Call her the accidental businesswoman.
Linda Garrett is keeping rather busy these days -- and nights.
The Griggsville resident's full-time job finds her at Illini Community Hospital in Pittsfield, working the night shift as a registered nurse.
The rest of most days are spent as some sort of combination of personal trainer, teacher and nutritionist. That wasn't necessarily what Garrett had planned a few years ago, but she has no complaints with the way things have worked out.
Garrett, 48, and her husband, Michael, have turned the family garage into a gymnasium, where she holds many of her one-on-one training sessions. She also has a public workout site at 109 W. Quincy St., on the square in Griggsville. It's called LG Fitness.
"It's my passion," Garrett said of her quest to help others help themselves. "My focus is on helping people get their lives back together, to move better. ... I have all ages involved."
From older adults to high school students, and even elementary school attendees, Garrett is becoming the pied piper of purple martin country.
"A lot of older people do not want to go to (regular gyms or fitness centers)," Garrett said. "They're intimidated."
Garrett understands. It was a just a few years ago that she was a physical wreck, despite her background as a U.S. Marine.
"I am 5-foot-1, and I was obese," Garrett said. "I realized I needed to change my life."
And she did.
And she wants to help others do the same.
By individual appointment or as part of a class, Garrett wants to help. Most classes are at 5:30 p.m. Mondays and Wednesdays.
"(The business end of things) all started out as a dream of mine," she said. "I felt inspired to help others."
Garrett, a native of Oregon who has lived in the Pike County area for 27 years, also stresses proper nutrition and teaches an exercise/weight-loss philosophy.
And there's an intangible, too. It's something Garrett stresses as much as proper diet and workout form.
"We have fun," she said.
Garrett be reached at 217-491-0576 or firstname.lastname@example.org. Information is available at lgfitness.org.
Adams Fiber has a new office just north of the Althoff Motel at 3555 N. 24th. Questions should be directed to 217-214-3423. More information is also available at www.followthefiber.net.
Adams Telephone Co-Operative headquarters remains at 405 Emminga Road in Golden.
Americans can be thankful they do not pay the gasoline prices of many foreign countries, particularly in Europe.
Europeans normally pay about twice as much as U.S. residents, but for most of the past year, that ratio has increased dramatically. Europeans are paying, in some cases, more than three of four times as much a gallon as what Americans are.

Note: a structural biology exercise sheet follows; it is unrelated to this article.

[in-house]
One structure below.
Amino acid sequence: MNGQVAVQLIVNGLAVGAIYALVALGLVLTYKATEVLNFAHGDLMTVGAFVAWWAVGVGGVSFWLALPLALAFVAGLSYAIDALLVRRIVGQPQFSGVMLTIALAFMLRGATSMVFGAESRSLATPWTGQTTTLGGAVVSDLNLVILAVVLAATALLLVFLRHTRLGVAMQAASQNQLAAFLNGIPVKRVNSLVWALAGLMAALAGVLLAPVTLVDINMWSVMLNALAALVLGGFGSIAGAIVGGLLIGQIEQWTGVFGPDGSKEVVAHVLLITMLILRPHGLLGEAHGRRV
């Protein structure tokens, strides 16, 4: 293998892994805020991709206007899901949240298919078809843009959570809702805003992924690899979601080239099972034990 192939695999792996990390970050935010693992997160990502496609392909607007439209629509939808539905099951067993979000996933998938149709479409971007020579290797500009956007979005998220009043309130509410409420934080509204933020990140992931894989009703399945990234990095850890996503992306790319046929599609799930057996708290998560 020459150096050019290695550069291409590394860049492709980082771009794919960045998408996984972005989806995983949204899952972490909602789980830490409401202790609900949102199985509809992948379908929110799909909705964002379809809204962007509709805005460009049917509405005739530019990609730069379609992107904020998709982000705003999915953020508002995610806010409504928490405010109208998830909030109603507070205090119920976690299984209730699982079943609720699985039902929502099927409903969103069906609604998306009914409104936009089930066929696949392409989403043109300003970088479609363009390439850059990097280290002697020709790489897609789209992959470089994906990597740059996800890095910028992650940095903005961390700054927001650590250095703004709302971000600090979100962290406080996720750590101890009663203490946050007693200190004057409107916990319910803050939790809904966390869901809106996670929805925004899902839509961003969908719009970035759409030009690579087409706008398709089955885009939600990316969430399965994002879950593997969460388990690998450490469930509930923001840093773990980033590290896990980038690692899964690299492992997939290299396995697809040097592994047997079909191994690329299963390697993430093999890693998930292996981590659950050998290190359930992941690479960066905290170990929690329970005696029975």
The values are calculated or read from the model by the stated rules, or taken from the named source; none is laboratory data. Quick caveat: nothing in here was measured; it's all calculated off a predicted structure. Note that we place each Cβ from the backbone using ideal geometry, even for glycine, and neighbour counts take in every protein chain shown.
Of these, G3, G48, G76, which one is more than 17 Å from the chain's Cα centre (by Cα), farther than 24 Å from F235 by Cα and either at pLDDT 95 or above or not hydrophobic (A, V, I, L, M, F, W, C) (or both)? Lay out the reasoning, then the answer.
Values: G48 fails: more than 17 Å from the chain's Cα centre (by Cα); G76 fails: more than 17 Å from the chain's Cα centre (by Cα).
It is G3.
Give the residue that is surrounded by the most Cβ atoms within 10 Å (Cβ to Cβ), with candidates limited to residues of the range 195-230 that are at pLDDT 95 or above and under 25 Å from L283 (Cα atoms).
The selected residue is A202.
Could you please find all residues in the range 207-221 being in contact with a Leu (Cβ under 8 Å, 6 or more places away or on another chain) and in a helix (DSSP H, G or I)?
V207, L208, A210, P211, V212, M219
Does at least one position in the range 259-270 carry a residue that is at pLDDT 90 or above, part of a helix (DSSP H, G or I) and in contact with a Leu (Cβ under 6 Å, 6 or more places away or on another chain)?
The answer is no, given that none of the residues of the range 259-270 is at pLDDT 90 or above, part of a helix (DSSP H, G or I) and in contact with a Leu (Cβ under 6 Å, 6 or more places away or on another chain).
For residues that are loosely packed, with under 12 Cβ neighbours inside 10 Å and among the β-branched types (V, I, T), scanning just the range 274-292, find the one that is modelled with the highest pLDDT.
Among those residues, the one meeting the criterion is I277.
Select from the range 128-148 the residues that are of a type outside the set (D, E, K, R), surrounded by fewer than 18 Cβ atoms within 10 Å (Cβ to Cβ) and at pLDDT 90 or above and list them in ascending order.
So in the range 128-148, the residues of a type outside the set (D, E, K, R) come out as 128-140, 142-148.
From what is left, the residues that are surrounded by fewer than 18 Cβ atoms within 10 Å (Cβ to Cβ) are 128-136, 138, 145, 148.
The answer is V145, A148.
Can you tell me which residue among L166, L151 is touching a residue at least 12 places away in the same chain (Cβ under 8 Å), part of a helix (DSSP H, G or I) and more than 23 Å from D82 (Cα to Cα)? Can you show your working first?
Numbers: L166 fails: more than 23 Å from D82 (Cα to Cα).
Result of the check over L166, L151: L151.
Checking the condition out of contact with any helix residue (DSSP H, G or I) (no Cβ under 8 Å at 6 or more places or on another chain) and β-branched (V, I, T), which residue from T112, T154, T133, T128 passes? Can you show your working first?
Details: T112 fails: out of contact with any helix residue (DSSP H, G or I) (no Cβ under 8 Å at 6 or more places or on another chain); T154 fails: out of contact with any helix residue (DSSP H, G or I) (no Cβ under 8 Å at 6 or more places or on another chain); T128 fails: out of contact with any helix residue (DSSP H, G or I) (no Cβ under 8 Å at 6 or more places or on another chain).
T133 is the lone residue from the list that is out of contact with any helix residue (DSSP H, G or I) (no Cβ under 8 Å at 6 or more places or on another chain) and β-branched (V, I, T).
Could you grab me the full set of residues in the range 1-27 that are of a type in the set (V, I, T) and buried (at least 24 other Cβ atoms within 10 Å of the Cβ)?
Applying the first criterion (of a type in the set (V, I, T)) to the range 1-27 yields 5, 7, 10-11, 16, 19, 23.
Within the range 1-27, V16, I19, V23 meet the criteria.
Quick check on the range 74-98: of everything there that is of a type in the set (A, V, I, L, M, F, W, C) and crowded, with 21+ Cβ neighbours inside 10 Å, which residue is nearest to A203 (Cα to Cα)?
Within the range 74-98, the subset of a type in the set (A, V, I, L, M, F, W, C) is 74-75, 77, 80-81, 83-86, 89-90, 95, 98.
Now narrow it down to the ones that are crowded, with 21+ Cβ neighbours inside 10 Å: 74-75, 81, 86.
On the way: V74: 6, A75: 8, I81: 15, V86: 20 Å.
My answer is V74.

There are a number of reasons for the disparities. In Middle East countries, gas is dirt cheap because so much is readily available, which helps explain the low prices in countries such as Kuwait. Norway is a major oil producer but doesn't subsidize fuel at the pump; instead, it uses oil profits to fund free college education and infrastructure development.
Highest prices (gallon)
United Kingdom $5.79
Saudi Arabia $0.91
Puerto Rico $1.74
South Africa $2.62
According to Forbes magazine, the world's five highest-paid athletes in 2015 were:
1. Floyd Mayweather, United States, boxing, $285 million ($15 million in endorsements).
2. Manny Pacquiao, Philippines, boxing, $160 million ($12 million in endorsements).
3. Cristiano Ronaldo, Portugal, soccer, $79.6 million ($27 million in endorsements).
4. Lionel Messi, Argentina, soccer, $73.8 million ($22 million in endorsements).
5. Roger Federer, Switzerland, tennis, $67 million ($58 million in endorsements).
Other notables: LeBron James, United States, basketball, $64.8 million ($44 million in endorsements); Tiger Woods, United States, golf, $50.6 million ($50 million in endorsements); Peyton Manning, United States, football, $27 million ($12 million in endorsements); Dale Earnhardt Jr., United States, NASCAR, $23.6 million ($9 million in endorsements); Usain Bolt, Jamaica, track, $21 million ($21 million in endorsements).
Bronze medal: "Users hate wireline data caps because they create artificial scarcity that increases the cost of getting online. To make matters worse, limited competition in the high-speed broadband market means users often have nowhere else to turn for a better deal." -- Noah Theran, a spokesman for the Internet Association, a Washington trade group that represents companies that include Netflix and Google Inc.'s YouTube. Bloomberg financial news reports that in a growing number of cities, Comcast, the nation's largest cable company, has begun imposing extra fees on Internet customers who use what it considers excessive amounts of data. The move could bring in new revenue to offset losses from those dropping pay-TV service to stream material online.
Silver medal: "The problem is never how to get new, innovative thoughts into your mind, but how to get old ones out." --Dee Hock, founder of Visa.
Gold medal: "While the masses are waiting to pick the right numbers and praying for prosperity, the great ones are solving problems." -- Steve Jobs.